Why I keep getting arrested in the Poor People’s Campaign

By Cecilia Kingman | Jun 13, 2018
Courtesy of: Edmonds Unitarian Universalist Congregation The Rev. Cecilia Kingman has been arrested three times in support of the Poor People’s Campaign.

A few weeks ago, as I was being arrested, the officers said to me, “I hope you got what you wanted today.”

I replied, “What I want is an end to poverty and racism and environmental destruction and the mistreatment of our veterans.”

These Olympia police officers then shared with me the story of a call they had responded to recently. A veteran had lost his life to suicide. He had killed himself in front of multiple people, broken by despair and unable to get the treatment he needed.

One officer’s voice shook as they told me this story. And then they thanked me for being in the streets, blocking an intersection with my body, and finally getting arrested.

I have now been arrested three times – me, a pastor, a white, middle-class, middle-aged, gray-haired lady with no prior history of criminal activity. Why on earth would I be lying in the streets of our state’s capital?

Somebody’s hurting our people – our veterans, our children, our elderly, our neighbors and our families. Somebody’s hurting our planet. All around us we see increasing suffering and devastation. Are you one paycheck away from disaster? Are you clinging to a job you hate because you need the health insurance?

Has someone you know lost their home, or their job, or their health, because of financial struggles? Do you know an immigrant family who lives in fear of deportation? Are you or someone you love a member of the LGBTQIA community and suffering discrimination or even violence?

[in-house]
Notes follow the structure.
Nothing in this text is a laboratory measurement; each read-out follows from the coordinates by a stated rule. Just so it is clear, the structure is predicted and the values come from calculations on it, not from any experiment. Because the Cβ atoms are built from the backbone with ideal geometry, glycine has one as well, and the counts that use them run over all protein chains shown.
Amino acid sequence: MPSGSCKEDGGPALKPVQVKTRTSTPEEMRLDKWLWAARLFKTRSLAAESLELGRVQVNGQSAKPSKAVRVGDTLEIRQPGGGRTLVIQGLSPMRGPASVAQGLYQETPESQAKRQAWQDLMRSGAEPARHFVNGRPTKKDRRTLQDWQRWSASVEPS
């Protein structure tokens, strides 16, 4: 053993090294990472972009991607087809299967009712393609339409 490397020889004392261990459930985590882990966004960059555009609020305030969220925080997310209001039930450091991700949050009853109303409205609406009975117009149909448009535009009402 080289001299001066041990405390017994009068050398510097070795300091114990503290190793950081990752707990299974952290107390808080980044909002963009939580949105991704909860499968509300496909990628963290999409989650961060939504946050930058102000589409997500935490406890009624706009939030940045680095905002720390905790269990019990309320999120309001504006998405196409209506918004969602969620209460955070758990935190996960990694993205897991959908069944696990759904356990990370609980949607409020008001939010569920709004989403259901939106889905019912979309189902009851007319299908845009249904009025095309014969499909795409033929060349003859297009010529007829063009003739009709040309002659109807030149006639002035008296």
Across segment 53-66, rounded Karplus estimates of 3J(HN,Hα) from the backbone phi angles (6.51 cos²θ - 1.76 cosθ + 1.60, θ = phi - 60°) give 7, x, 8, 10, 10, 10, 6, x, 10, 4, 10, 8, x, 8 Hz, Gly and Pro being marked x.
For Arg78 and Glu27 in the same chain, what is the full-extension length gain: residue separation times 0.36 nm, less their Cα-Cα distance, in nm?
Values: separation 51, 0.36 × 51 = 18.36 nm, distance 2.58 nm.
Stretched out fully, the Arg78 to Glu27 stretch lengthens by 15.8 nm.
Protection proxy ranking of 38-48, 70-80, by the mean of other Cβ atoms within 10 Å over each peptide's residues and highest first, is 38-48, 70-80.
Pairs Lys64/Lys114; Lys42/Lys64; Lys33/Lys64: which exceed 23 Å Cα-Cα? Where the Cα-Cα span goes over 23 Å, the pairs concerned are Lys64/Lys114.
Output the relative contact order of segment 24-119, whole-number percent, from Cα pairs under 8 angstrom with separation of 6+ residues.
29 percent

Are you angry about police brutality? Do you know a veteran who suffers from injuries – of the body or the spirit – due to their service in our wars?

I see these folks all the time, in my church, in my kids’ school, in my family. And I am fed up. I am brokenhearted over the suffering.

And I can no longer keep quiet.

“Somebody’s hurting our people, and it’s gone on far too long, and we won’t be silent anymore.” We sing these words in the Poor People’s Campaign, all across this nation, as we rally and march for justice.

The Poor People’s Campaign: A National Call for a Moral Revival, is a renewal of the work of the Rev. Dr. Martin Luther King. Fifty years ago, King called for a national movement linking poor folks, people of color, veterans and people of faith to fight against the sins of poverty, racism and militarism.

King was killed before he could see his work realized.

Fifty years later, under the leadership of the Rev. Dr. William Barber and the Rev. Dr. Liz Theoharris, and led by people of color, the poor, and veterans, we have renewed King’s campaign. All across this nation we are rising up to demand an end to racism, poverty, militarism and environmental destruction.

More than a 1,000 people across the country have been arrested as we demand our legislatures and Congress address the suffering of our nation.

Every day our numbers grow.

We are not a political party, nor do we serve one. We serve the people who are suffering, and the dream of justice for all. This is a nonpartisan movement. This is not about right or left. It’s about right or wrong.

If the suffering of our people is troubling you, if you are longing for a way to be of use, if you can’t keep silent anymore, I hope you will join us in the Poor People’s Campaign. You can find out more at poorpeoplescampaign.org.

See you in the streets!

The Rev. Cecilia Kingman is Minister for Peace and Justice at Edmonds Unitarian Universalist Congregation.

 

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